- Water Early
Morning temperatures are cooler and the sun is not as intense as later in the day so there is less moisture loss due to evaporation.
Also, water sitting on foliage will have a chance to dry during the day minimizing the chance of fungal infection, especially during humid weather.
- Water Slowly & Deeply
Watering slowly will allow the moisture to penetrate more deeply into the root zone rather than running off the soil surface. Create depressions or water traps around larger plants to hold the water where you want it until it can saturate the soil. Remember to water trees at the drip line, not at the trunk base, as this is where the roots are most active. Drip irrigation bags are excellent for watering newly planted trees.
- Water the Soil, Not the Leaves
Plants take up water through their roots. Water landing on the foliage will be lost due to evaporation. The more water you direct to the soil, the less you will waste. The key is infrequent, but heavy watering rather than light, frequent waterings. This encourages deep root growth, which increases drought tolerance.
- Conserve Precious Water
Place a rain barrel under downspouts to collect rainwater. Wash the car on the lawn rather than on the driveway. Reuse ‘gray water’, such as bathtub or dishwater and rinse cycle water from your laundry, to water your garden. Replace leaky hoses and sprinklers and use washers to correct leaks at fittings.
Every garden requires pollinators, and bees are among the finest. Without them there would be limited flowers and far fewer fruits and vegetables. Did you know that about 30% of the food we eat depends on the pollination of bees?
Although there are many bees that are great pollinators, like carpenter, mining, sweat and cellophane bees, some of the most well know and easily identified bees are the honey and bumble bee. Both of these bees live in social colonies and are cavity nesters. Because these bees are active all summer long, they require a constant supply of floral nectar close to their hive. Some of the biggest threats to the continued and healthy existence of these two bees are habitat loss, which causes inadequate nesting and scarce food supplies, and pesticide drift.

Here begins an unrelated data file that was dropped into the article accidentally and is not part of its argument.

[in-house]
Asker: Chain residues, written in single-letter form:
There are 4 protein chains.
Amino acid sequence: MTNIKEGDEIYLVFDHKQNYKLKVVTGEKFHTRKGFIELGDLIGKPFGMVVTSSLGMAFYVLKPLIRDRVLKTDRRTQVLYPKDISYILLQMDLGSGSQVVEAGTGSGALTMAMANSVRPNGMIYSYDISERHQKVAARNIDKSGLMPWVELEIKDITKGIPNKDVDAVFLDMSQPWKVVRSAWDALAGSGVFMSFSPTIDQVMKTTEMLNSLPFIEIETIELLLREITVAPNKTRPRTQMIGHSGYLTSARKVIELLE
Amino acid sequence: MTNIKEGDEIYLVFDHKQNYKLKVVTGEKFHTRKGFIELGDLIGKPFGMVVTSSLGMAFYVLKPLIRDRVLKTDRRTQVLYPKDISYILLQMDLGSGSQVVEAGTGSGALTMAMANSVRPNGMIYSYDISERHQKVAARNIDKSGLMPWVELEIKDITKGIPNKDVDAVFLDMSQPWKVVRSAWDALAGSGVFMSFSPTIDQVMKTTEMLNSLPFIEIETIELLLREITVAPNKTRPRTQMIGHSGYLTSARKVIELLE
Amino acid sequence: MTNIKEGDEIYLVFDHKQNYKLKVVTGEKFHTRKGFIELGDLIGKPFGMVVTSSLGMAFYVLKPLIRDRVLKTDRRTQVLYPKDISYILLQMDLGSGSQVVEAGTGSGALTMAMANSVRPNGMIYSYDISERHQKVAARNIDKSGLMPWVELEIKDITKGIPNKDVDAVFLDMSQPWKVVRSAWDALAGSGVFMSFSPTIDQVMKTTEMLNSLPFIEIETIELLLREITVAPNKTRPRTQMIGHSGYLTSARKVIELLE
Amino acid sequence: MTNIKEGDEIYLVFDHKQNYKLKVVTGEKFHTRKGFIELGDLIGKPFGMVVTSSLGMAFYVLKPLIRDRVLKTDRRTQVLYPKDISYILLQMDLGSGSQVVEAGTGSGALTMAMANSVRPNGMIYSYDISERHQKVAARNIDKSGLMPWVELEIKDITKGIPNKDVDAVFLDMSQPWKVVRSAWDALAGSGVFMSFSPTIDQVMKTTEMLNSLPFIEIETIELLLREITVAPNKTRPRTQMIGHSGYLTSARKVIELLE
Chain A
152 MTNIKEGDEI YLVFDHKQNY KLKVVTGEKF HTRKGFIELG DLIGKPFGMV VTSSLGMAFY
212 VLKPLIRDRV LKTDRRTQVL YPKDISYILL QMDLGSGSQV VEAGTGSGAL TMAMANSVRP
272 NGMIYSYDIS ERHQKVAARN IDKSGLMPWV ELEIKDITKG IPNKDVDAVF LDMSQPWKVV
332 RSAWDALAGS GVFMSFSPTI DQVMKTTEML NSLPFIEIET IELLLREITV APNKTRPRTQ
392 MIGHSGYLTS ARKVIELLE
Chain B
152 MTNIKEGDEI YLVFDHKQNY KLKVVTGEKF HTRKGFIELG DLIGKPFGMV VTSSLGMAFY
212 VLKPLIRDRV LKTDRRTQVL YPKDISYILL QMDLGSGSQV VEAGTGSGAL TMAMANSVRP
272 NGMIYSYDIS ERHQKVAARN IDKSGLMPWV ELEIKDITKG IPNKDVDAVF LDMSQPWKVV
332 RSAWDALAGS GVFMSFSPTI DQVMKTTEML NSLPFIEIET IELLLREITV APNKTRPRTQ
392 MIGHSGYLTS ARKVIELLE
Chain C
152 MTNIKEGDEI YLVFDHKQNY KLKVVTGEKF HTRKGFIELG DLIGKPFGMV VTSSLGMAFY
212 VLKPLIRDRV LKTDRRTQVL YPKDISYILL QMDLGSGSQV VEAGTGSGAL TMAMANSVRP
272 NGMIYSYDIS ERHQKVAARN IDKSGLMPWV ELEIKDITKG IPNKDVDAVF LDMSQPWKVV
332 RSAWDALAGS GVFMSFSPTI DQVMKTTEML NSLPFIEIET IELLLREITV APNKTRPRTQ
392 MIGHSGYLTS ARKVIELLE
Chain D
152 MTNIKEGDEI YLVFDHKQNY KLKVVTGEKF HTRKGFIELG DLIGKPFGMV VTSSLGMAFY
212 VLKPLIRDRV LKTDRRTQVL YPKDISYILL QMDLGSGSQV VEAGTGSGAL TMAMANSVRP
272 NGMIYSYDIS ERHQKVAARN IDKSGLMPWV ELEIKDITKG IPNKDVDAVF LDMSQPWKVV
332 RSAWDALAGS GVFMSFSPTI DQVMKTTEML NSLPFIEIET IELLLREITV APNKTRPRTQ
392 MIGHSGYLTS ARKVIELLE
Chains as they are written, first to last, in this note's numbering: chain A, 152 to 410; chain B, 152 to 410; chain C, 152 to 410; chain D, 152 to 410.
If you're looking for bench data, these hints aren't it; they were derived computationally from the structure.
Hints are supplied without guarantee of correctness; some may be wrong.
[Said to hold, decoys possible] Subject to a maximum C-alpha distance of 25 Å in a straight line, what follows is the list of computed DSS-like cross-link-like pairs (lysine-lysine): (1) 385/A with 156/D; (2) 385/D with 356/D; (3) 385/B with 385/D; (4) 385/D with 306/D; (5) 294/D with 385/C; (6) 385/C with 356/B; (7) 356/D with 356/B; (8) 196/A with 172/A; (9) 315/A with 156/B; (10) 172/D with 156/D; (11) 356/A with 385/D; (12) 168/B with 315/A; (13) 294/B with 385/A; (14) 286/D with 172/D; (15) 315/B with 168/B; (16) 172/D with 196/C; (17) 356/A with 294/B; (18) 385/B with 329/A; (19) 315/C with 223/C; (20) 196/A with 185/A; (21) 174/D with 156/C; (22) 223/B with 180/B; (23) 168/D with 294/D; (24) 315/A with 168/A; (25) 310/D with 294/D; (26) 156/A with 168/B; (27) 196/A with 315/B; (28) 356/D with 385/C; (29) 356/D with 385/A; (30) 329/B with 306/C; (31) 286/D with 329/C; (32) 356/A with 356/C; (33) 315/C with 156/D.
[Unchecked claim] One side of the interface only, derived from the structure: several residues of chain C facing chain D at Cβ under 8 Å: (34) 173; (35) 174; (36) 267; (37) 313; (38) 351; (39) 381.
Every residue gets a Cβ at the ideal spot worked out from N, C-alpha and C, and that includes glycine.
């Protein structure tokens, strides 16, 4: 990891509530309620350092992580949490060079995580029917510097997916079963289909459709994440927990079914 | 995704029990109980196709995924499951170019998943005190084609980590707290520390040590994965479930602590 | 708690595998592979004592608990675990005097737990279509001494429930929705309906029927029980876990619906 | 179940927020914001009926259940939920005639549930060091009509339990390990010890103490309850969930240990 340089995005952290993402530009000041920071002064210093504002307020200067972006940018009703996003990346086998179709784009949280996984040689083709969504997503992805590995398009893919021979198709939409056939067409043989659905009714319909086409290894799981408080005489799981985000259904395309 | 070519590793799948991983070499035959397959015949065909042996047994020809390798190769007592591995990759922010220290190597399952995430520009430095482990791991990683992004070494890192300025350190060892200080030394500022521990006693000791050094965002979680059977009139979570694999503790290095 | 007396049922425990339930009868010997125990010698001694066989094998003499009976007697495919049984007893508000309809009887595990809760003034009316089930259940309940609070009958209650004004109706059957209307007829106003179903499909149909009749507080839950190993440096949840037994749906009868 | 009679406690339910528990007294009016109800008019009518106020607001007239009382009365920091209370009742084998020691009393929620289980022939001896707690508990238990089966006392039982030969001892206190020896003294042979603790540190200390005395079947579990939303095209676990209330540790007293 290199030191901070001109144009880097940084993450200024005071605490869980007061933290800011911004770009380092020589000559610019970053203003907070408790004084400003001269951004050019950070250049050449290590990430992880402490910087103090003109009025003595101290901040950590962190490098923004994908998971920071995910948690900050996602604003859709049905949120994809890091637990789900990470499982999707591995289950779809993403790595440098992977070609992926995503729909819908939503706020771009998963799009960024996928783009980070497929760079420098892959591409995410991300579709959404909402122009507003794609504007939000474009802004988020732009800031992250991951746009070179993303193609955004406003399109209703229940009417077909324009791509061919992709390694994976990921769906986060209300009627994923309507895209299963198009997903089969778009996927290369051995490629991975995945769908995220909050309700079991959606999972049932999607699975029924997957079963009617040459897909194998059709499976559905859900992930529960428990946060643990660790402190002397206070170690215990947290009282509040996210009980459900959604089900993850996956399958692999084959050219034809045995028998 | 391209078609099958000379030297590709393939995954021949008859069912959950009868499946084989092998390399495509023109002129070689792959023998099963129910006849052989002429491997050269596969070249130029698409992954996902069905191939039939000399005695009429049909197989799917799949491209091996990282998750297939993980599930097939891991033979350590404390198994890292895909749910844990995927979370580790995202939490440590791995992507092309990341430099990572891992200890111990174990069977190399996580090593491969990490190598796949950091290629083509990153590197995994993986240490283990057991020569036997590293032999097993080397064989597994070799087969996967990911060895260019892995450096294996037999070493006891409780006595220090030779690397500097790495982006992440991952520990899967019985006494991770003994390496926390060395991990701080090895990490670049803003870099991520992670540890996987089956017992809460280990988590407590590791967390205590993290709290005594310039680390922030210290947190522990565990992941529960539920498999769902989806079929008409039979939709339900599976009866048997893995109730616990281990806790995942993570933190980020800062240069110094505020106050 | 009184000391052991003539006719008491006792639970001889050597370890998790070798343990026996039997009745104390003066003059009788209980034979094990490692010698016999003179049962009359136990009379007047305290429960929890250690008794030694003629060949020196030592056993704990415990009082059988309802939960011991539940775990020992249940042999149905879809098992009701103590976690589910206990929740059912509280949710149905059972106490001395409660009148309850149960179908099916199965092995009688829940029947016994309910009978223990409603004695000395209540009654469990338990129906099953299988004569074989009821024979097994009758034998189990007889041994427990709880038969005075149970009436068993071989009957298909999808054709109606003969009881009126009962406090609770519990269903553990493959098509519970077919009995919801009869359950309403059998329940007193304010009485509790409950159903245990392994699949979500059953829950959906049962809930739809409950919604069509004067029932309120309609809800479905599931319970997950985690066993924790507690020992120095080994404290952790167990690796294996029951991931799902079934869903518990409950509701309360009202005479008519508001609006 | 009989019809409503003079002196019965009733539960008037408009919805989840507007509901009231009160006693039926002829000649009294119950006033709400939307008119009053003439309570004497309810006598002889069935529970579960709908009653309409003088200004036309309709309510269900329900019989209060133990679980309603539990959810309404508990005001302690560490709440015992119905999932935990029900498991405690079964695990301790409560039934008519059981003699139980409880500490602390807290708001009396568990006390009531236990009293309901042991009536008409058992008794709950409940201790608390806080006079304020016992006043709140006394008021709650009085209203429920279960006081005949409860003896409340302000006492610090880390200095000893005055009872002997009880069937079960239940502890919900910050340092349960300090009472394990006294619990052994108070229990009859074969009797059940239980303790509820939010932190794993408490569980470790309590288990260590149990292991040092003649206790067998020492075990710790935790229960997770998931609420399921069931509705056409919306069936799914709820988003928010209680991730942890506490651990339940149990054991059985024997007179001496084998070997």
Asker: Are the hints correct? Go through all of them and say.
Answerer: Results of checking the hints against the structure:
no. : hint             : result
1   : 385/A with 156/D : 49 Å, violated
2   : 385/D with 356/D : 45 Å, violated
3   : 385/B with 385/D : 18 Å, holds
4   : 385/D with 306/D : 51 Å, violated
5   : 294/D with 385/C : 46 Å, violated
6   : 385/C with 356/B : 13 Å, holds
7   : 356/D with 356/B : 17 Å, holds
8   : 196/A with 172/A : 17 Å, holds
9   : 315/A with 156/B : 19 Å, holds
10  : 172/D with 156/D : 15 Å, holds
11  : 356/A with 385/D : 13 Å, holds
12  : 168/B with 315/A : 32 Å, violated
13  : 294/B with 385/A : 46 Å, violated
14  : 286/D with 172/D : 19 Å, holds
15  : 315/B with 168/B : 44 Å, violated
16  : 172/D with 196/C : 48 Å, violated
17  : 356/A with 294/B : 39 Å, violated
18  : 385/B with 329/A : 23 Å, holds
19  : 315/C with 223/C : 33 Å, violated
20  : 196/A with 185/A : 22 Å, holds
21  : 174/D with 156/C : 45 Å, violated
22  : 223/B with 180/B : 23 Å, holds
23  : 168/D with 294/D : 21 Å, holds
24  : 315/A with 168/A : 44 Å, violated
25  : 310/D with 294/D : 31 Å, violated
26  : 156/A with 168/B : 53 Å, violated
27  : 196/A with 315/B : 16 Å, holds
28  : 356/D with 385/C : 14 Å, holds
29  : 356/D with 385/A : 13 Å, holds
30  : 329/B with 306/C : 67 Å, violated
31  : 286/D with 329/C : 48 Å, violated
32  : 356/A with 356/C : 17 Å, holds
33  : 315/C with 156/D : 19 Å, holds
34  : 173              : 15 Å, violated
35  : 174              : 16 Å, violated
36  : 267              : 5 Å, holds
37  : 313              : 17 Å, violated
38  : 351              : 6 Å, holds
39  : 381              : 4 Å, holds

Bring more bees to your garden by planting a variety of native flowers that will bloom throughout the entire summer. Keep the bees in your garden by eliminating chemical use, especially while plants are in flower. Be kind to bees in your garden by providing a safe place for shelter and to lay their eggs. Make sure that there is an available water source for your bees. A birdbath works just fine.
NATIVE PLANTS THAT ATTRACT BEES
Blackberry & Raspberry Rubis
Black-eyed Susan Rudbeckia
Highbush Cranberry Viburnum
Joe-pye weed Eupatorium
Purple coneflower Echinacea
Garden Tips – January
Brush snow from evergreens as soon as possible after a storm. Use a broom in a upward, sweeping motion. Serious damage may be caused by heavy snow or ice accumulating on the branches. Give suet to the birds to help give them energy. Peanut and berry flavors are the best sellers. If you have some time this winter, paint the handles of you garden tools red or orange. This will preserve the wood and make the tools easier to locate next summer when you lay them down in the garden or lawn. Check Daniel’s for new garden seeds. Stopping in to our sunny greenhouse on a cold winter day will give you an instant feeling of spring.